|NATIONAL PARKS QUICKLINKS|
Backpacker Magazine – December 2007
Backpacker's Ultimate Fix-It Guide
Leaky hydration system
Busted seams can be glued with Seam Grip, as can small punctures. Cracked or dripping silicone bite valves can be repaired with SilNet. Make sure the hydration system is empty and dry first, and afterwards give the glue 24 hours to cure so that the adhesive is rendered inert and safe to drink from.
Defunk a hydration reservouir
A bleach solution can quickly evict mildew and gunk from bladders and bottles. Pour in no more than a half-teaspoon of bleach with warm water, then shake. Loosen the cap to douse the threads; with bladders, squeeze the bite valve (while holding the bladder high) to flush the hose. Remove the bleach taste with a baking soda rinse (one teaspoon of baking soda per liter of water) and flush once more with water. Camelbak also sells a bleach-free kit (see "Products"). Extra mildew-proofing: Store your bladder in the freezer.
Create a hydration hanger
Convert a plastic coat hanger into a device that holds the reservoir open for faster and more complete drying. Saw off one arm and wrap the rough edges in duct tape. Feed the other arm into the reservoir; drape the hose over the top and hang it up to dry.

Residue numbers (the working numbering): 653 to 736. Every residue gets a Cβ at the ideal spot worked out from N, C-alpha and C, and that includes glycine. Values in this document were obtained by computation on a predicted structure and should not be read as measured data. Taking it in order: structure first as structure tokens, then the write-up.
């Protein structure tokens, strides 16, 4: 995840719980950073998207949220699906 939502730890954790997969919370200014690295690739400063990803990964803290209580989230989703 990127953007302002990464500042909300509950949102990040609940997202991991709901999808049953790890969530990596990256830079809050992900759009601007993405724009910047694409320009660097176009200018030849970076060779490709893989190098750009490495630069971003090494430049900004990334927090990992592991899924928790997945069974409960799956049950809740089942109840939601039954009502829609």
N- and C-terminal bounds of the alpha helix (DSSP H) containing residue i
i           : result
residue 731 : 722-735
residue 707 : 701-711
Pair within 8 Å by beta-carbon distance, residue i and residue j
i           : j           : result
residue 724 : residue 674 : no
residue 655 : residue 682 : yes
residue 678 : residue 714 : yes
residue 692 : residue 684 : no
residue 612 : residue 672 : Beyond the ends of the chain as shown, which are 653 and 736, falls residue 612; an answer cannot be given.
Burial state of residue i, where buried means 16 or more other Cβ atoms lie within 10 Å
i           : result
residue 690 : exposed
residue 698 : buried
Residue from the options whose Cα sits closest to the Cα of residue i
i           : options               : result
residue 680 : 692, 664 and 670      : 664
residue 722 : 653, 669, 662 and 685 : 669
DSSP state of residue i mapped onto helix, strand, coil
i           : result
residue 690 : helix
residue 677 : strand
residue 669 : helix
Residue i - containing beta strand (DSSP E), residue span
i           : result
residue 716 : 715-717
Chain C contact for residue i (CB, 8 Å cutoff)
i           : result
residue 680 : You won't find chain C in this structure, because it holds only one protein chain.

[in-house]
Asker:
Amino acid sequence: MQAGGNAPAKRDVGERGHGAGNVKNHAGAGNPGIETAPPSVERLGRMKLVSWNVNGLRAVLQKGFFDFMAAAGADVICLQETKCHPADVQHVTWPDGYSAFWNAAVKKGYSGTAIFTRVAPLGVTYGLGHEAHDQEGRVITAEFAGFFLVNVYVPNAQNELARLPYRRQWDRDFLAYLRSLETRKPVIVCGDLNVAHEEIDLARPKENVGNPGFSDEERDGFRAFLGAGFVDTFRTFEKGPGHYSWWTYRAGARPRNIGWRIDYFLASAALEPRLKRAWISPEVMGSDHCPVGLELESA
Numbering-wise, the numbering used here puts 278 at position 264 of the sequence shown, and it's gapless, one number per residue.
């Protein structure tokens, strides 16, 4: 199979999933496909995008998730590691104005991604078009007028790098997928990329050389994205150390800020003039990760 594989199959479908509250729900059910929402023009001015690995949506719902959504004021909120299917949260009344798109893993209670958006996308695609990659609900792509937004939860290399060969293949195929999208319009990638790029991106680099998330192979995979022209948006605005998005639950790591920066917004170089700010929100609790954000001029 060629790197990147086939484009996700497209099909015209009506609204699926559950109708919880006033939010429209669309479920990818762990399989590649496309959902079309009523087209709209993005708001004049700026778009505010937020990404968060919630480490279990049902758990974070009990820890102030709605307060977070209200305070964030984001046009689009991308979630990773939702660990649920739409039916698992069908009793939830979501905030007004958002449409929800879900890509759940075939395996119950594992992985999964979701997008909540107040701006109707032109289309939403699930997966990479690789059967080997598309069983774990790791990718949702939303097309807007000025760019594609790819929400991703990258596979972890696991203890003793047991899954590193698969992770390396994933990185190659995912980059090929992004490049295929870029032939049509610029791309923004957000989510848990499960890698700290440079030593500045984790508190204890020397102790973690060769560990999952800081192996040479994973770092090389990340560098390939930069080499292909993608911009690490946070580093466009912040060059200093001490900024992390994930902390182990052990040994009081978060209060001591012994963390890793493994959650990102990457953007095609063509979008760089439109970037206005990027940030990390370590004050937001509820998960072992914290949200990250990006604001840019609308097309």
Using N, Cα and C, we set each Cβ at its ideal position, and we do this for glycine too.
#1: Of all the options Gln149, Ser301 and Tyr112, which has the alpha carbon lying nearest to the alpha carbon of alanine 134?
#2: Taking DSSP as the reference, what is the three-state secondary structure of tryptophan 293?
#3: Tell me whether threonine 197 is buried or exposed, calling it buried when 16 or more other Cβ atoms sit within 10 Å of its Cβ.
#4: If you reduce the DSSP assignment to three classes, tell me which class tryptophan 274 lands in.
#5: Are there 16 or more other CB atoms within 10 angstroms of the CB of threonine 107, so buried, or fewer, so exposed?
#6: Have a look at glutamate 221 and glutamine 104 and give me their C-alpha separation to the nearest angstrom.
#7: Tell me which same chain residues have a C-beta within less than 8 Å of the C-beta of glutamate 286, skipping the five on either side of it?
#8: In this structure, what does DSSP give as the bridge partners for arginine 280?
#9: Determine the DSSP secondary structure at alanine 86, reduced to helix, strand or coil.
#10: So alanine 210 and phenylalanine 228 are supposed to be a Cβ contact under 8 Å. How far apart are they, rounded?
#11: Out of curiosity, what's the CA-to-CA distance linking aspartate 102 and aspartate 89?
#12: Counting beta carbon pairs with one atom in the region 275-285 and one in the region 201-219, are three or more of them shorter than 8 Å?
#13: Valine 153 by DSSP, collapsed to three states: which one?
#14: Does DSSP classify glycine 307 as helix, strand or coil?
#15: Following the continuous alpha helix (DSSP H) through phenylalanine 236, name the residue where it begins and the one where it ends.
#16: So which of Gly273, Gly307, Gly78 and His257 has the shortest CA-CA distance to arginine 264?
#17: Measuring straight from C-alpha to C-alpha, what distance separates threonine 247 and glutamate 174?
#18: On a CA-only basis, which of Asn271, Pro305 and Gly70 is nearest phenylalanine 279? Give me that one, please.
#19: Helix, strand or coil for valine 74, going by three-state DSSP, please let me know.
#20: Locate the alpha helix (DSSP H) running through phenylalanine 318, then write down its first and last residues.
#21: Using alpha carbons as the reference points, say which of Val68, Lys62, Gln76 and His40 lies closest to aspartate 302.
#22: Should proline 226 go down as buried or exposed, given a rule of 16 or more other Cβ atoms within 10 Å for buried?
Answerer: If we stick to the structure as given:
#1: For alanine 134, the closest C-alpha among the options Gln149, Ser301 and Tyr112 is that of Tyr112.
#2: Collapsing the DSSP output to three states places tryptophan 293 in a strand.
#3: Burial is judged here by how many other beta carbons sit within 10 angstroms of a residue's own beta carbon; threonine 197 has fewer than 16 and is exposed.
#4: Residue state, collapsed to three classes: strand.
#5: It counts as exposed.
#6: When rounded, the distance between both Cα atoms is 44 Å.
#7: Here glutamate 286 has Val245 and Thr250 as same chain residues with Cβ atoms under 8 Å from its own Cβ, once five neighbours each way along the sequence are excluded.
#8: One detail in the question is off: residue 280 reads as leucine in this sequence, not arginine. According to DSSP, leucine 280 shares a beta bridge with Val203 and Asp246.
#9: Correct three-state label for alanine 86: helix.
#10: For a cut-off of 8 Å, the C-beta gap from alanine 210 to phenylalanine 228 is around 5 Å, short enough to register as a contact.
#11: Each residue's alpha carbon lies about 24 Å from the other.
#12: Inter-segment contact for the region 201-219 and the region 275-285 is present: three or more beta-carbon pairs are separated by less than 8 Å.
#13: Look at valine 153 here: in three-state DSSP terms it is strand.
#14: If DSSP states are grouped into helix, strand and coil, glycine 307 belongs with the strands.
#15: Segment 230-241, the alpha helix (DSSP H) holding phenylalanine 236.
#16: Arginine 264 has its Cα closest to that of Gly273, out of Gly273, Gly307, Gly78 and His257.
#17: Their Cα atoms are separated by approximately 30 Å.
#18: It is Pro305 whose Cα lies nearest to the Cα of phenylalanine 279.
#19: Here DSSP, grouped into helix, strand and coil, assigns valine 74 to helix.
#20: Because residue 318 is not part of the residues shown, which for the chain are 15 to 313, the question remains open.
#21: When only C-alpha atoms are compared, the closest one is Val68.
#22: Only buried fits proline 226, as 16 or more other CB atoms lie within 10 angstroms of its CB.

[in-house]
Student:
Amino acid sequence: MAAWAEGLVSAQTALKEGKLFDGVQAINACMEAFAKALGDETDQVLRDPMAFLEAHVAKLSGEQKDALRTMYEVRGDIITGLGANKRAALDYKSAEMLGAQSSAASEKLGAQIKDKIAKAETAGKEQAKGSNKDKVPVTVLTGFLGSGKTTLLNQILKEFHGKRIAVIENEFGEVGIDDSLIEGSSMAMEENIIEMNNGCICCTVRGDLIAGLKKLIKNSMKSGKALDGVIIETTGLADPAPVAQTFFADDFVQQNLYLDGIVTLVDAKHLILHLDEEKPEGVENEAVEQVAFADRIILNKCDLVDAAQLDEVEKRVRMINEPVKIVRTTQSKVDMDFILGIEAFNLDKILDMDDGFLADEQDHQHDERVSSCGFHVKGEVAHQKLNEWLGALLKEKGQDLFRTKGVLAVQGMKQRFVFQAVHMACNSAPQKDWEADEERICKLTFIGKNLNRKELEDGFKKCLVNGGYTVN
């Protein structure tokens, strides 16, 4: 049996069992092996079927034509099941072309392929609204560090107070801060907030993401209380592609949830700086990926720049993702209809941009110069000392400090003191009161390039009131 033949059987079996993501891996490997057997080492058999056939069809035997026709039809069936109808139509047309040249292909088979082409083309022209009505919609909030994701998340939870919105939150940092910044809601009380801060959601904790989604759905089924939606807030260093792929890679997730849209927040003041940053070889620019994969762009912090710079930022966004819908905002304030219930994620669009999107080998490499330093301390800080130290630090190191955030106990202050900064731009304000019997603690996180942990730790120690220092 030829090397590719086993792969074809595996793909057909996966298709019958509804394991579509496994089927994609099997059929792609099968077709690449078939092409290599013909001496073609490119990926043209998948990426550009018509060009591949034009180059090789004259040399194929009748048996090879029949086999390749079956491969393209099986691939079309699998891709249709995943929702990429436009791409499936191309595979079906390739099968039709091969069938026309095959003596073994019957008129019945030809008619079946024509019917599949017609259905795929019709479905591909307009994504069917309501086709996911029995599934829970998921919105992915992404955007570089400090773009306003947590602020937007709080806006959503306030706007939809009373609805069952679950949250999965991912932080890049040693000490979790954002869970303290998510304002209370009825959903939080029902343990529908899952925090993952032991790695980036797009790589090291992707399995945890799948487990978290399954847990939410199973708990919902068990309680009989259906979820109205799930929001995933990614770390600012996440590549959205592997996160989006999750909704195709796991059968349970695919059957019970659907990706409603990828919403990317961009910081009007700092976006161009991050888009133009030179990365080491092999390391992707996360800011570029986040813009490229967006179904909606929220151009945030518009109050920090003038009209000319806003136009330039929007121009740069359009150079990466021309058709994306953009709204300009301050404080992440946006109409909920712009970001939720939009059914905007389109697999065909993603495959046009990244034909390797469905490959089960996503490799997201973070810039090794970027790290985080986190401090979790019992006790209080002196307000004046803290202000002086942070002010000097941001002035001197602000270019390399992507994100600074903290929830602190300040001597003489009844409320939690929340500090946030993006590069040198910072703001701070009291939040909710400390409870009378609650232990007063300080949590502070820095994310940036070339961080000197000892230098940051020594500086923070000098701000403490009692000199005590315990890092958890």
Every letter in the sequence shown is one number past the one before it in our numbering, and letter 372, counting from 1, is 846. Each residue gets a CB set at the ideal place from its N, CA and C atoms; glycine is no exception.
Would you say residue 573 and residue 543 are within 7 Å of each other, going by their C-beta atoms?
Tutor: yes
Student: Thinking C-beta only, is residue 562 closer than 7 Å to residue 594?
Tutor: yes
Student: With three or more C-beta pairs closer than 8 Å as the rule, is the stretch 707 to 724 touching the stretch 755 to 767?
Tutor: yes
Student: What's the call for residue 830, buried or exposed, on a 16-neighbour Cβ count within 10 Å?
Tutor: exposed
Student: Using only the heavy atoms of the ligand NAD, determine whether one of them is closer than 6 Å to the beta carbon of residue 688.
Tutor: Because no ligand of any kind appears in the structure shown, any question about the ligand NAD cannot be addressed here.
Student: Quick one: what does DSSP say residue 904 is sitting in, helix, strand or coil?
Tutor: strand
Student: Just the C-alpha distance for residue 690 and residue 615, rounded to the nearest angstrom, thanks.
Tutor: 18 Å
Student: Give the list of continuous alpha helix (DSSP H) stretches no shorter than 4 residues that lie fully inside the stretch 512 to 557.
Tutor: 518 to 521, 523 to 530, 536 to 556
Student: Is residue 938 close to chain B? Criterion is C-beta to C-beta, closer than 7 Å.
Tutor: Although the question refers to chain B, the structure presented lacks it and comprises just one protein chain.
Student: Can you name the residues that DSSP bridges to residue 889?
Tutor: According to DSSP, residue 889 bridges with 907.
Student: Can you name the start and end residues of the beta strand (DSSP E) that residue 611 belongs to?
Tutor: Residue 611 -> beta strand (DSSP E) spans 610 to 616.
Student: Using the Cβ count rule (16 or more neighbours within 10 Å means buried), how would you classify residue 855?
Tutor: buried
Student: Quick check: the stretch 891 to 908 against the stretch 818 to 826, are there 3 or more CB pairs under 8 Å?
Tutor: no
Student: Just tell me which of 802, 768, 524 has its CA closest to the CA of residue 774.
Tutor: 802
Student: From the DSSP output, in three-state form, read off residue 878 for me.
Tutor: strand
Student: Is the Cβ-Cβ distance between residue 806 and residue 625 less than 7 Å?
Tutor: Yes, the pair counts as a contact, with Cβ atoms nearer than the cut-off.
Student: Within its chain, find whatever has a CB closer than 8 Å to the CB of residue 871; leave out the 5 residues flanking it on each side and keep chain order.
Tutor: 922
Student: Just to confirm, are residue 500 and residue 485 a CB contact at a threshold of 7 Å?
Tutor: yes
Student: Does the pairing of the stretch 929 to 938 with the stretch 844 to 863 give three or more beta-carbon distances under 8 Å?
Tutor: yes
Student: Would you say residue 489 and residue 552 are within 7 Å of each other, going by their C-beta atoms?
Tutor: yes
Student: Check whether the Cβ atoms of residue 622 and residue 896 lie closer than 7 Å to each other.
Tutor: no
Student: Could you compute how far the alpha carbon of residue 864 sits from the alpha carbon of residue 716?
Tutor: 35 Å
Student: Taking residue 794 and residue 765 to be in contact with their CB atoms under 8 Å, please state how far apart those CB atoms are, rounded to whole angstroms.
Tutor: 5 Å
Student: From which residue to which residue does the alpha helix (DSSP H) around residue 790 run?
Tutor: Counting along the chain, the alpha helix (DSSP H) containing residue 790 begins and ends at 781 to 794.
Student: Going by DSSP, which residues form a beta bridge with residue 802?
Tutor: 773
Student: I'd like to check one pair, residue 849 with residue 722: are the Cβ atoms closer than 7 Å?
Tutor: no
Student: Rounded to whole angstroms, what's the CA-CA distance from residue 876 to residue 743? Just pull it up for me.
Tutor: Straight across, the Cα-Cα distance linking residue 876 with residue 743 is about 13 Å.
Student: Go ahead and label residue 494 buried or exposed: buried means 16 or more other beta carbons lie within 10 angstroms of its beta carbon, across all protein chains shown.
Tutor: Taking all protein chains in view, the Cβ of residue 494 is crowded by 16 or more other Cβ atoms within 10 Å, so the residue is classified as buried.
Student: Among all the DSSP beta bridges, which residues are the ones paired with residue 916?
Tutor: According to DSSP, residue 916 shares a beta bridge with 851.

Busted trekking pole lock
If your telescoping pole keeps collapsing, the expander nut inside the pole sections could be loose or gummed up. This defect can be caused by grit, corrosion, and general wear. The fix:
Gash in shell jacket (Online Bonus)
Fix rips in waterproof/breathable shells with Gore-Tex fabric patches (see "Products" sidebar). Adhesive repair tape is a good second choice, but needle and thread aren't, for obvious reasons. Before applying a patch, wipe the repair area with rubbing alcohol. Then pull the torn fabric back together as closely as possible and lay down the adhesive tape or Gore-Tex patch. Plug pinprick holes (often caused by thorns) with a dab of Seam Grip.